IRS Data Book - Gross Tax Collections chart 2017

IRS Data Book – Gross Tax Collections chart 2017

Every fiscal year the Internal Revenue Service releases its own self-report called the “Data Book”. The IRS Data Book contains a range of tax data including service and enforcement changes. While there are indications that enforcement actions are down, perhaps due to a restriction in resources, no one should ever play Russian Roulette with their taxes.

We’ve pulled out the most interesting factual tidbits from the report…here they are:

  • This year’s edition of the IRS Data Book marks 100 years since the Revenue Act of 1916 became law.
  • The IRS helped more than 68 million taxpayers over the phone through both live assistance and automated services. This is an increase of almost 14.61% (no statistics are available as to how many people hung up in frustration, however).
  • Taxpayers LOVED the IRS.gov website to the tune of 500 million unique visits. The most popular feature was the new “Where’s My Refund?” page which was used almost 300 million times (up more than 27%). Sounds like everyone checked on their refund twice.
  • There were fewer enforcement actions taken during 2016. The IRS audited just over 1 million tax returns of individuals in 2016.  This number was down almost 16% from the prior year’s total of 1.2 million.  The number of individuals audited fell to 0.70%, the lowest coverage rate in more than a decade (don’t gamble with your taxes or you might need our help).
  • In addition, several collection activities fell in 2016. IRS levies were down 40% compared to the prior year, and the agency filed almost 9 percent fewer liens than in the prior year.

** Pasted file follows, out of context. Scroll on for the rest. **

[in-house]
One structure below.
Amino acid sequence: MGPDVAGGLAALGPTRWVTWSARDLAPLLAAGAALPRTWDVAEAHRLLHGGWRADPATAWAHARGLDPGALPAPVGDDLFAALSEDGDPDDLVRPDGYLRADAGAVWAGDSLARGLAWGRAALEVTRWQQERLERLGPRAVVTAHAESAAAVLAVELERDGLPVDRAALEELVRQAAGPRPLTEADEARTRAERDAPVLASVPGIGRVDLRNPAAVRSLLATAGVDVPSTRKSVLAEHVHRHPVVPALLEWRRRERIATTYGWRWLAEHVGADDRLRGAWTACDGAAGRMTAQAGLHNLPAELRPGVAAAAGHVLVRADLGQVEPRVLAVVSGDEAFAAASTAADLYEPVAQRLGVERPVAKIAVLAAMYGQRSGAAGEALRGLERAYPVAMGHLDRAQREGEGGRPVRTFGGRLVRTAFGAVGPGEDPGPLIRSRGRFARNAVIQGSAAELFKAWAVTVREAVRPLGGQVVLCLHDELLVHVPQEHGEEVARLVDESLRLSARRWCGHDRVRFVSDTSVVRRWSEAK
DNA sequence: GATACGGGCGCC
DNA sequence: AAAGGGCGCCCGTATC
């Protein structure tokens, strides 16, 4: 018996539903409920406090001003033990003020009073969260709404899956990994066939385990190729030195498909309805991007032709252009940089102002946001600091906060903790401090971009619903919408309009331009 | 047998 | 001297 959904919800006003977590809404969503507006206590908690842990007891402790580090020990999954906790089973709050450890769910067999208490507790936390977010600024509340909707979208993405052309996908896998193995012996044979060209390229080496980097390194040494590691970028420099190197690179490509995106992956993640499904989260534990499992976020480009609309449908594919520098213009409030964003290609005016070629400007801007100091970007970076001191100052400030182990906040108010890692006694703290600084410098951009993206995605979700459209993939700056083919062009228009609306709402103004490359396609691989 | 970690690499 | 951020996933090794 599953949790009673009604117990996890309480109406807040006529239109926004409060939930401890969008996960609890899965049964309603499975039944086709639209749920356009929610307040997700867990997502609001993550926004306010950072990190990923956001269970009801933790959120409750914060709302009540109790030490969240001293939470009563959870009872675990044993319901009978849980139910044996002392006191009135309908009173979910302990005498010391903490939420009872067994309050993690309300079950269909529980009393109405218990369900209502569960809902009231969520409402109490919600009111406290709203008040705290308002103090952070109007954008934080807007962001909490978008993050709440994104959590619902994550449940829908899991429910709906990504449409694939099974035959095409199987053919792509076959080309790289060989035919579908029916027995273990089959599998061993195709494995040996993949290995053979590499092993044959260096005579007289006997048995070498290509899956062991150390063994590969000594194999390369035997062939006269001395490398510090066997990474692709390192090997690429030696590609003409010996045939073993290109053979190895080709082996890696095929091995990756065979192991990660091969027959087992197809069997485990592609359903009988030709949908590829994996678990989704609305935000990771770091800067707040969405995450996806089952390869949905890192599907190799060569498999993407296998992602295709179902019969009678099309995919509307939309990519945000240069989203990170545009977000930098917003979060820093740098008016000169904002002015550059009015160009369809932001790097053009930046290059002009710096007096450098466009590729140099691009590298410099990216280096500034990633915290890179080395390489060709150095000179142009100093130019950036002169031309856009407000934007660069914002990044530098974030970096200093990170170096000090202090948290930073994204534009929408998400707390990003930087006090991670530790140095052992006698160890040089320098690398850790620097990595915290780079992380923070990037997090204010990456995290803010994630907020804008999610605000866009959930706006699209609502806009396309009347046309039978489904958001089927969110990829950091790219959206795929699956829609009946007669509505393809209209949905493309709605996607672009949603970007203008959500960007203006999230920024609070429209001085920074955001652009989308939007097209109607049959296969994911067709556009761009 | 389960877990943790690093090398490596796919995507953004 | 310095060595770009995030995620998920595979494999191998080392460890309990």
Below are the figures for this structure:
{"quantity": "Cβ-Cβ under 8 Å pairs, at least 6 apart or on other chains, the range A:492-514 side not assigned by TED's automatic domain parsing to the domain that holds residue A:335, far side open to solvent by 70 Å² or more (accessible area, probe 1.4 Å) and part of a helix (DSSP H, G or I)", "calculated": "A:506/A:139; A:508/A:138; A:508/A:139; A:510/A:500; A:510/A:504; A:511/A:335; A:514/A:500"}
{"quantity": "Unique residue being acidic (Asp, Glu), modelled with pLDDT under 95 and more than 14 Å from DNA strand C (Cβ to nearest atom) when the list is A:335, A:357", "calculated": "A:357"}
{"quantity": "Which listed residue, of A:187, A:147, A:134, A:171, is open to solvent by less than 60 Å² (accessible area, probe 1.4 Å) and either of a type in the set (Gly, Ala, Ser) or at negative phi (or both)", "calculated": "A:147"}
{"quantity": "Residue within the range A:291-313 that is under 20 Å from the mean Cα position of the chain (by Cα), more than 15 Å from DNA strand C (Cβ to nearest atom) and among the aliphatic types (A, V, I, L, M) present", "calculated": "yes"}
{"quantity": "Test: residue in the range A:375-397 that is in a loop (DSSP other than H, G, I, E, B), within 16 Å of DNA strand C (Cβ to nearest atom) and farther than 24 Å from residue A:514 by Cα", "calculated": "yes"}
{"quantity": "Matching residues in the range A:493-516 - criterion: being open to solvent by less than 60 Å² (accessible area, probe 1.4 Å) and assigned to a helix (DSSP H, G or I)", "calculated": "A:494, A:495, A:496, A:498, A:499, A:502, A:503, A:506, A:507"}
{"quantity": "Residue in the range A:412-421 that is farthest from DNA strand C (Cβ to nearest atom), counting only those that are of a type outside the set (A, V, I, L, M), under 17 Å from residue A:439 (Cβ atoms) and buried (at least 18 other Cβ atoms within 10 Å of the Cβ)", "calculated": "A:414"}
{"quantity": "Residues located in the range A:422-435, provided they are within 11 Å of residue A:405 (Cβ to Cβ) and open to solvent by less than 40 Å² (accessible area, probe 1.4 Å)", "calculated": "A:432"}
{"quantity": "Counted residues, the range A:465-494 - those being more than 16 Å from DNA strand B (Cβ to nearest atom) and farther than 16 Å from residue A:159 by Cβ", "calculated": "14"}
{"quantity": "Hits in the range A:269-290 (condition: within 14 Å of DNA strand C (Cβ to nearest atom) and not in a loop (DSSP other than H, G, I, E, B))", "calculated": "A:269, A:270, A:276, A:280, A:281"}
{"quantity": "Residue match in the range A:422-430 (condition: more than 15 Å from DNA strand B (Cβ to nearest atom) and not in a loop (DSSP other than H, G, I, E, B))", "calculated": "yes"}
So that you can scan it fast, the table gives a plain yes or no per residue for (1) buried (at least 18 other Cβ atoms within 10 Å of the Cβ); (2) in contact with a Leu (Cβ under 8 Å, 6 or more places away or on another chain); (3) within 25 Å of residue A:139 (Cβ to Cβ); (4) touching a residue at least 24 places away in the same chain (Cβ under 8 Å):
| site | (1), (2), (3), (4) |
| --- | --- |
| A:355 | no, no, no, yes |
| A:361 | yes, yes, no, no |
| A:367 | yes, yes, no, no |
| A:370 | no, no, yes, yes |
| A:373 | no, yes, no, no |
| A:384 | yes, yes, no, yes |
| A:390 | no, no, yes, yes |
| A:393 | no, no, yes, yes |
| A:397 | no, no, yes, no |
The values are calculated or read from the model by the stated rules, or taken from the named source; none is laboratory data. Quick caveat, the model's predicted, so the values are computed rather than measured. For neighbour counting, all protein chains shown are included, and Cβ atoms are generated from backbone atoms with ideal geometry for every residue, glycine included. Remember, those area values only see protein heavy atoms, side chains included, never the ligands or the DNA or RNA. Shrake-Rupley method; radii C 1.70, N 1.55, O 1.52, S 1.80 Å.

As with all things financial, “past performance is no guarantee of future results”.
As we have seen in the past, the IRS could ramp up collection activities again in an effort to minimize the loss of revenue that tax cuts may bring.  We have no idea how it will play out. Our recommendations are as always, to do the following:

  1. Always file your taxes even if you are not in a position to pay
  2. Never gamble with your taxes in the hopes that the IRS won’t “find out”. As we have seen recently, they have no problem going back several years to enforce collection.
  3. If you get into tax trouble with the IRS and you have a complex tax problem, seek out the advice of a qualified tax professional. Like professional counsel in other industries, their expertise can make a world of difference in your results.

More about the IRS Data Book: An electronic version of the 2016 IRS Data Book can be found on the Tax Stats page of IRS.gov. Printed copies of the 2016 IRS Data Book, Publication 55B, will be available May 2017 from the U.S. Government Printing Office. To obtain a copy, write to the Superintendent of Documents, P.O. Box 371954, Pittsburgh, PA 15250-7954, or call (202) 512-1800 for voicemail, or fax a request to (202) 512-2250.

*This article should be considered as a source of information only. Please consult a qualified tax professional before making any decisions about your taxes.

Summary
Is the IRS getting soft? Don't count on it!
Article Name
Is the IRS getting soft? Don't count on it!
Description
Every fiscal year the Internal Revenue Service releases its own self-report called the "Data Book". The IRS Data Book contains a range of tax data including service and enforcement changes. While there are indications that enforcement actions are down, perhaps due to a restriction in resources, no one should ever play Russian Roulette with their taxes.
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Publisher Name
Tax Resolution Institute
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2017-04-20T16:48:20+00:00 April 13th, 2017|IRS News|